Some times, major crises such as wars, fires, natural disasters, famines or plagues (!) leave many people experiencing loss, confusion, and anxiety over what might happen next. This was certainly true after 9/11 brought down the World Trade Center Towers and brought in a time of fear and mourning.. Yet at that same time stories of resilience, heroic acts, kindness, and hope made the situation more full of possibilities, more strands of hope for people to grasp and begin to rebuild their sense of a future. Fears were acknowledged, shared, and ways were sought to overcome and move past them. Resources aimed at helping children better understand the world they were experiencing, and offering stories of generosity and resilience, were developed. (See the Resources on The Healing Story Alliance Website, especially Stories for Children in Times of Crisis compiled by Laura Simms).
Of the many many stories that could be told as examples of Healing Stories in times of crisis, where the right story at the right time can open eyes and hearts, I offer this brief tale, which I first heard at a prayer service not long after 9/11. The story’s origins go back many hundreds of years.
A king had a favorite jewel, one he proudly wore on a chain around his neck, showing it to admirers pointing out the way light radiated from each point on its surface. But one day the jewel fell from its casing, landing on the hard floor with a loud thud. A crack appeared on its surface. The king was terribly upset. His prize was no longer perfect. He called for the best artisans in his kingdom to come up with a solution for restoring the prize to its perfect state. One suggested simply reversing the jewel in the casing, so the crack would never be seen. Another suggested filling in the crack with a glue, then sanding down the surface. These were not acceptable solutions. A young artist stepped forward and boasted that if given the jewel for two days, he would return it and the King would surely be pleased with the result. The king gave him the opportunity, with a warning of dire consequences if he failed. He returned as promised, two days later, and handed the gem to the king. At first glance it was clear that the crack was still there. But the artist had etched the surface so that the crack had become the trunk of a tree, from which branches, leaves and flowers emerged. The work was beautiful. Indeed, the king was pleased, for what had happened was that rather than attempt to restore something after damage, the wound was turned into an opportunity to build something even more special.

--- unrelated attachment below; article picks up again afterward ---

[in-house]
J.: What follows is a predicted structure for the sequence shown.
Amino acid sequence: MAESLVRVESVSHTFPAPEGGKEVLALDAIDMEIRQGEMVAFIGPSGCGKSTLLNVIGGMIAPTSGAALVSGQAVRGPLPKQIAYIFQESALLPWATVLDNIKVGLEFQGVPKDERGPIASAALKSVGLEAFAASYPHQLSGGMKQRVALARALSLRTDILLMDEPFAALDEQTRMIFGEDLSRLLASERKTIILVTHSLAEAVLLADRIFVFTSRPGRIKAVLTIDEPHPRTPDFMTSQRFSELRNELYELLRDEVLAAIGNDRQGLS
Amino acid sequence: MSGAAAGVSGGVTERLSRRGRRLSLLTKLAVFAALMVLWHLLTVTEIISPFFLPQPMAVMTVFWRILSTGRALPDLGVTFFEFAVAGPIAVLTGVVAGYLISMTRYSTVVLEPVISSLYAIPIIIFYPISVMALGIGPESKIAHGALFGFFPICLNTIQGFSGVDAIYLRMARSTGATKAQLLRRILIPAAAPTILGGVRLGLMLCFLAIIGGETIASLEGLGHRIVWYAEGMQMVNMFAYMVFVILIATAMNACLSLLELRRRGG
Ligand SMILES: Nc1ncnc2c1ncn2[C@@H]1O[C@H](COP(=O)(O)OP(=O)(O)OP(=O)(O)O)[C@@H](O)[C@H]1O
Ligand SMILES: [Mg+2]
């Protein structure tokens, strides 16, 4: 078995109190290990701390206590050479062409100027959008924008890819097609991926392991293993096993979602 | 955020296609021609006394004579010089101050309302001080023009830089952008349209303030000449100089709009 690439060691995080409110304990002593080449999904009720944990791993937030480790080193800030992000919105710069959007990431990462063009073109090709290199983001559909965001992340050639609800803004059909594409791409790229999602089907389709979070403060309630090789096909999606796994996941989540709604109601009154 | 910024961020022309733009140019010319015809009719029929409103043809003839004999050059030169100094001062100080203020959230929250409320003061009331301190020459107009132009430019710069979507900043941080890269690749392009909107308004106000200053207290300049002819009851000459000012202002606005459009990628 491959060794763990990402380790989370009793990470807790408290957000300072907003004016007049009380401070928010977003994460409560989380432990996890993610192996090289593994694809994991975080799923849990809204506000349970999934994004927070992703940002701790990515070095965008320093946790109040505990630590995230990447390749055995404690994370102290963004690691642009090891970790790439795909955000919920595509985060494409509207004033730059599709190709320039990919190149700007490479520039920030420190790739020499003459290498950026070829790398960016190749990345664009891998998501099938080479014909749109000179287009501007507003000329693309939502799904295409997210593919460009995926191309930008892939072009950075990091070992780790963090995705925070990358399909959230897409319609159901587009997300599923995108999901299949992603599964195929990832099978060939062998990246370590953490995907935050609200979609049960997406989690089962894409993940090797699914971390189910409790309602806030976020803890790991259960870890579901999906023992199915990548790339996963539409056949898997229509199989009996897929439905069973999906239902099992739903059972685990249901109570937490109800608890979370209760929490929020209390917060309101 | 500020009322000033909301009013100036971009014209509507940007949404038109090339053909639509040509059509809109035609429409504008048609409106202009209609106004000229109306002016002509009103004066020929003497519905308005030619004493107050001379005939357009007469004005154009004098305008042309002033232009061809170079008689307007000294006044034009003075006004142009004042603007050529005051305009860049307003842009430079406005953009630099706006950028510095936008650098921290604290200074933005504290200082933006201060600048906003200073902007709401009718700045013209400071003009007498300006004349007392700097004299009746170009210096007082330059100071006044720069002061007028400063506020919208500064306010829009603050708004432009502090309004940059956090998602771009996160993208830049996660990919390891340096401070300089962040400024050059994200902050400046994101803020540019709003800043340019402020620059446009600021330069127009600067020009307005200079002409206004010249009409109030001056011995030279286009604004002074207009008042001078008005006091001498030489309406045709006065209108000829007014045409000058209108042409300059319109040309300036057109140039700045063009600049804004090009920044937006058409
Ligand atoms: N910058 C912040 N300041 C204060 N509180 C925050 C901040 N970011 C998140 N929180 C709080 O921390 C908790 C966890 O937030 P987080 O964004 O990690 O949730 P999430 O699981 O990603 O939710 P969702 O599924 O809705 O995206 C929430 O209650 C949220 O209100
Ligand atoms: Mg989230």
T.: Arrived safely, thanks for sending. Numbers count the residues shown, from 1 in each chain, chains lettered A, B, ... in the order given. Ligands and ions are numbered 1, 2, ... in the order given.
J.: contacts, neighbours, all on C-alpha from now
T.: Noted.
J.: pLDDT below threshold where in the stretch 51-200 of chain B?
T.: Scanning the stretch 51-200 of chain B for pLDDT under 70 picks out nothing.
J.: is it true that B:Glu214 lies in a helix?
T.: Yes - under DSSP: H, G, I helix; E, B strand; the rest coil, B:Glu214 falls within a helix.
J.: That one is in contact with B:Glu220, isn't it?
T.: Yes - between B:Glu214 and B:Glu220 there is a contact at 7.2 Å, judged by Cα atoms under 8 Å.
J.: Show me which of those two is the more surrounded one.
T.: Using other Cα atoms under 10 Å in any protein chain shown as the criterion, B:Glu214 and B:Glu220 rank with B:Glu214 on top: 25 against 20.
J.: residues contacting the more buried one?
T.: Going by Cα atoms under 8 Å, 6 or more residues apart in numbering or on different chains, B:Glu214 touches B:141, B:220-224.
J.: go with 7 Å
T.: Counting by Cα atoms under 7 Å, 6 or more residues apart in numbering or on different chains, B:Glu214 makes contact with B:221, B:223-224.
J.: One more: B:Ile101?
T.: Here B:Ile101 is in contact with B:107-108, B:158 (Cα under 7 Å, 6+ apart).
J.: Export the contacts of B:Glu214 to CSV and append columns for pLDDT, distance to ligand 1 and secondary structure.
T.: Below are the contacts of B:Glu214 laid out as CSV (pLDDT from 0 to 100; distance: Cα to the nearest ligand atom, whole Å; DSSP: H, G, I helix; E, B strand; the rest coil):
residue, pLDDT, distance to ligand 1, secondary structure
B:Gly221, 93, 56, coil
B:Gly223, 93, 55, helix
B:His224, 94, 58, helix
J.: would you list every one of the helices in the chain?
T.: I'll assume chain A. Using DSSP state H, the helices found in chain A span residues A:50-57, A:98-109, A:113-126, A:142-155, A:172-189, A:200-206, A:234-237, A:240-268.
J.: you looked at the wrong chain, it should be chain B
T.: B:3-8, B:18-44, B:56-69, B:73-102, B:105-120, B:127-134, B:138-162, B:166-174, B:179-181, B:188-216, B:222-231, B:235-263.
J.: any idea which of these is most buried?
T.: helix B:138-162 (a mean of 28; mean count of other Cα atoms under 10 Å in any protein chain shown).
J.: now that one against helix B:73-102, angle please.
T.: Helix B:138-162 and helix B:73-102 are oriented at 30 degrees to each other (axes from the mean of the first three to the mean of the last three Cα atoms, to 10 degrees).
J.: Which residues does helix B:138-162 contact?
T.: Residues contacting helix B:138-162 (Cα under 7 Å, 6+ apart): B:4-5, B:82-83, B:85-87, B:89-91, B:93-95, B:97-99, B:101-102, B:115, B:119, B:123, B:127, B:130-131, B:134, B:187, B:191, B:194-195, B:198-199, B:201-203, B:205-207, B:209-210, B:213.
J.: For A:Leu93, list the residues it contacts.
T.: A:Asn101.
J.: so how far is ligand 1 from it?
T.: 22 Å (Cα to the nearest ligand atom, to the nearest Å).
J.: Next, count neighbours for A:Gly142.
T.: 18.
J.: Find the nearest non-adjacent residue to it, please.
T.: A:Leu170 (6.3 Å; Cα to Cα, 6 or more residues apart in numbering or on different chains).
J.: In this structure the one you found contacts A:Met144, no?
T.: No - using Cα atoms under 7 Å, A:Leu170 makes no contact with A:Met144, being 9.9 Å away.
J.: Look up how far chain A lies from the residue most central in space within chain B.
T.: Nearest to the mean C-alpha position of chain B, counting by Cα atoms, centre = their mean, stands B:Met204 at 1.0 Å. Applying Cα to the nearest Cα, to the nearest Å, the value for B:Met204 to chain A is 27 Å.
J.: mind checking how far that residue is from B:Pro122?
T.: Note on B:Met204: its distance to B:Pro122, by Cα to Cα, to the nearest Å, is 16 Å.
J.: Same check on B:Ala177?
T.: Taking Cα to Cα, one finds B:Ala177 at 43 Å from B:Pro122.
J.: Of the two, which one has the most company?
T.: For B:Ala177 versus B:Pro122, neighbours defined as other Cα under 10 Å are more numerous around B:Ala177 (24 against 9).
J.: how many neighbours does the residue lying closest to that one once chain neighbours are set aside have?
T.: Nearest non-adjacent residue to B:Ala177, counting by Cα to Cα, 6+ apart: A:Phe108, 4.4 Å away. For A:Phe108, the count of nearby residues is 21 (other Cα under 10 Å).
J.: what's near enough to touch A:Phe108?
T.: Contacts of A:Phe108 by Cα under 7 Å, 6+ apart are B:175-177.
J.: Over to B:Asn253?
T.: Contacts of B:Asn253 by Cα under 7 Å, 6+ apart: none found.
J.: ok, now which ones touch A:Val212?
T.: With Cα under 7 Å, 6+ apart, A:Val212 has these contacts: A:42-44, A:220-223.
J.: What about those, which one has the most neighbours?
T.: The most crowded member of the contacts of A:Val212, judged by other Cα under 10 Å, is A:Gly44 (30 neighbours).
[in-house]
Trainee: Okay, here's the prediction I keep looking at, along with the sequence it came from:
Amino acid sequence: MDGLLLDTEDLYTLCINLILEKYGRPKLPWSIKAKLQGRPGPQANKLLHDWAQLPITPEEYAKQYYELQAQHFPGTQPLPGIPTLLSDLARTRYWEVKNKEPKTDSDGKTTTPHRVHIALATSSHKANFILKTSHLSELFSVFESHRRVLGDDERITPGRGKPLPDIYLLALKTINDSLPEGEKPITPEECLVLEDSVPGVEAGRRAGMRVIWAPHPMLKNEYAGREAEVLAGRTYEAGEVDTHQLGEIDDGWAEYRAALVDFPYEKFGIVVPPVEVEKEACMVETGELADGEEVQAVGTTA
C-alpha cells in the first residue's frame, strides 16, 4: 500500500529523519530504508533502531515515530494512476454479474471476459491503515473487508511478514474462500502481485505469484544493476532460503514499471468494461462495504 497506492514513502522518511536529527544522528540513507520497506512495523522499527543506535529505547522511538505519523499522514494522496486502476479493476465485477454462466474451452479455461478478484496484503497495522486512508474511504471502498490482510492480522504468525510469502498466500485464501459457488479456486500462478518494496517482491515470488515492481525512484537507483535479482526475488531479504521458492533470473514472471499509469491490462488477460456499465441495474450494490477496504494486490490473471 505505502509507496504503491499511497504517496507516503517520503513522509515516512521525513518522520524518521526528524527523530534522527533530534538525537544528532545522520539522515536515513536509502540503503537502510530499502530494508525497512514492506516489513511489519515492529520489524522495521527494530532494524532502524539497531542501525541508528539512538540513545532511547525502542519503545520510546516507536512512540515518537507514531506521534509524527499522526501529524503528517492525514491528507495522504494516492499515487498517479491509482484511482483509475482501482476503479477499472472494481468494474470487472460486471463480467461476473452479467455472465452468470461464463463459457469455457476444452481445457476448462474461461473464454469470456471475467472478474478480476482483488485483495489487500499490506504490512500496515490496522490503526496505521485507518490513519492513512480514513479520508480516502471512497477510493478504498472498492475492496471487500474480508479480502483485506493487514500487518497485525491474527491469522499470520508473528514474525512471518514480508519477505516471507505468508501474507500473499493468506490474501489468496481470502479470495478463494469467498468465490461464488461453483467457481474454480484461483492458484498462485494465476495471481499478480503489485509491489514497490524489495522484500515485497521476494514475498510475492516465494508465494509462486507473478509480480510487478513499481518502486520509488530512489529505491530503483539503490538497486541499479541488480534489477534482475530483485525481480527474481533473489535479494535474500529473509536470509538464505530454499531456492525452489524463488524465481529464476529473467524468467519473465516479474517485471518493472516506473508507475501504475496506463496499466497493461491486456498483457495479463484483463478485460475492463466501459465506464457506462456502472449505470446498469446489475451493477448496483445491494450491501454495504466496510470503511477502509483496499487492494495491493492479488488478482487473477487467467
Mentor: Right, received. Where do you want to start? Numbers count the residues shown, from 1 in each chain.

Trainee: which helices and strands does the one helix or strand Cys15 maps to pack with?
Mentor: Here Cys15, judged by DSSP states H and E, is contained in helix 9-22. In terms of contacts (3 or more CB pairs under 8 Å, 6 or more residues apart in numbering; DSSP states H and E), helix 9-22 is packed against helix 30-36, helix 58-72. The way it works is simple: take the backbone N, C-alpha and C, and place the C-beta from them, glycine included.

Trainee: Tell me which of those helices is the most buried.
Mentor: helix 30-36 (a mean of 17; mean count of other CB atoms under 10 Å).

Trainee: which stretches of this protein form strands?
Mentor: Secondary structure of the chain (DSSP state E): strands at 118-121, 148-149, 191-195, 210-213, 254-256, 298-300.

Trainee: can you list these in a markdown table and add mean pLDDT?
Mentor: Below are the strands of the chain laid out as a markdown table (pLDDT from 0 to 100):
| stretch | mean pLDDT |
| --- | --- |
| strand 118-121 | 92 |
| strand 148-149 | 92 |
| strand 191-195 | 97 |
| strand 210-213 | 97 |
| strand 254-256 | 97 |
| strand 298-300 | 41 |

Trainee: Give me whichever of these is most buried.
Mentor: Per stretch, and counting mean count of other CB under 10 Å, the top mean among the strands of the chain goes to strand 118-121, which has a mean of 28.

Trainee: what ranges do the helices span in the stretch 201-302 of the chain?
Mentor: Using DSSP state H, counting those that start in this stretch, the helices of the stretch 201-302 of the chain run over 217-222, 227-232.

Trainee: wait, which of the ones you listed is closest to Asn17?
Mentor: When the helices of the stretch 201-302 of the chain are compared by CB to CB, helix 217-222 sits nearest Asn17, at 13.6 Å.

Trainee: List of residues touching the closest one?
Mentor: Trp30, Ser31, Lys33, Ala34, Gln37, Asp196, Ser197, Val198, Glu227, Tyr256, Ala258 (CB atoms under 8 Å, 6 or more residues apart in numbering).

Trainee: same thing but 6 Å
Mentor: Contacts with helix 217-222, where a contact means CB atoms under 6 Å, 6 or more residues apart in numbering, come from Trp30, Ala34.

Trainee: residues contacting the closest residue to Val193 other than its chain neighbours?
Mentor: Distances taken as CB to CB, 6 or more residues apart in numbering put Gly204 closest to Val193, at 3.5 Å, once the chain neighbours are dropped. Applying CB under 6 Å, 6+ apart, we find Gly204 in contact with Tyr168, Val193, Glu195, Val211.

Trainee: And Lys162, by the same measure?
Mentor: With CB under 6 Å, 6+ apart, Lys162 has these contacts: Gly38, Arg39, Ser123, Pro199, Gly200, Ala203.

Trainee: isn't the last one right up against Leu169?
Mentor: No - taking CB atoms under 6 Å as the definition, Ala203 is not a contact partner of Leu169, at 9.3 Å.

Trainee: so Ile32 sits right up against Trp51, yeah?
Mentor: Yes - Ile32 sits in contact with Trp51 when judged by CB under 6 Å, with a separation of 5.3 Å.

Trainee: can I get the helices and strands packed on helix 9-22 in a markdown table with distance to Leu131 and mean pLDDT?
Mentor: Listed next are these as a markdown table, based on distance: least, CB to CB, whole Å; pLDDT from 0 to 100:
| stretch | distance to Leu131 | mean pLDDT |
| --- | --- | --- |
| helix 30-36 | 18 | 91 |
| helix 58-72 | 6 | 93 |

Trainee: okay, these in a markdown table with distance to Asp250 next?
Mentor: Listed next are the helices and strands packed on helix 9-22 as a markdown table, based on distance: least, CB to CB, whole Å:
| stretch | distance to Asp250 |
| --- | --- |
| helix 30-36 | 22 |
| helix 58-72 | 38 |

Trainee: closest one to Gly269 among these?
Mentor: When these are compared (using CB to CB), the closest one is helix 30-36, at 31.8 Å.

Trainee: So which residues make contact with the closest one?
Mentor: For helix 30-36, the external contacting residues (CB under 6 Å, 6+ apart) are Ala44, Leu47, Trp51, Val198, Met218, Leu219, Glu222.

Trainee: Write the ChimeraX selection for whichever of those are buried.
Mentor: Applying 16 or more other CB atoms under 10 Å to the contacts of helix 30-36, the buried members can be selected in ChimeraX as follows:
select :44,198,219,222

Most recently, Healing Story Alliance has been conducting weekly “zoomed” gatherings of tellers and other story users. These gatherings, under the heading “Keeping the Oars in the Water” apply the metaphor that in turbulent waters, keeping the oars in the water enable the boat to be kept on a stable course heading towards safety. These weekly gatherings have provided a place for members of the storytelling community to share their experiences, cares, and vulnerabilities in a safe supportive space. The stories emerging there are not performance oriented, they are expressions given from a place of generosity and hope, providing moments to pause , reflect, and renew. It is there that the essence of Healing Stories can be found.
Mike Seliger has been Chair of The Healing Story Alliance’s Executive Committee for over six years. He holds a doctorate from The City University of New York in Sociology and has also studied mime, clowning, and storytelling. A retired Dean for Planning at Bronx Community College, Mike has devoted most of his life to community organizing and empowerment through education. He has written and edited extensively as editor of Mime Times, the New York Storytelling Center Newsletter, and Broadway Local Community Newspaper.
He lives in New York's Hudson Valley.
Learn more about his work here.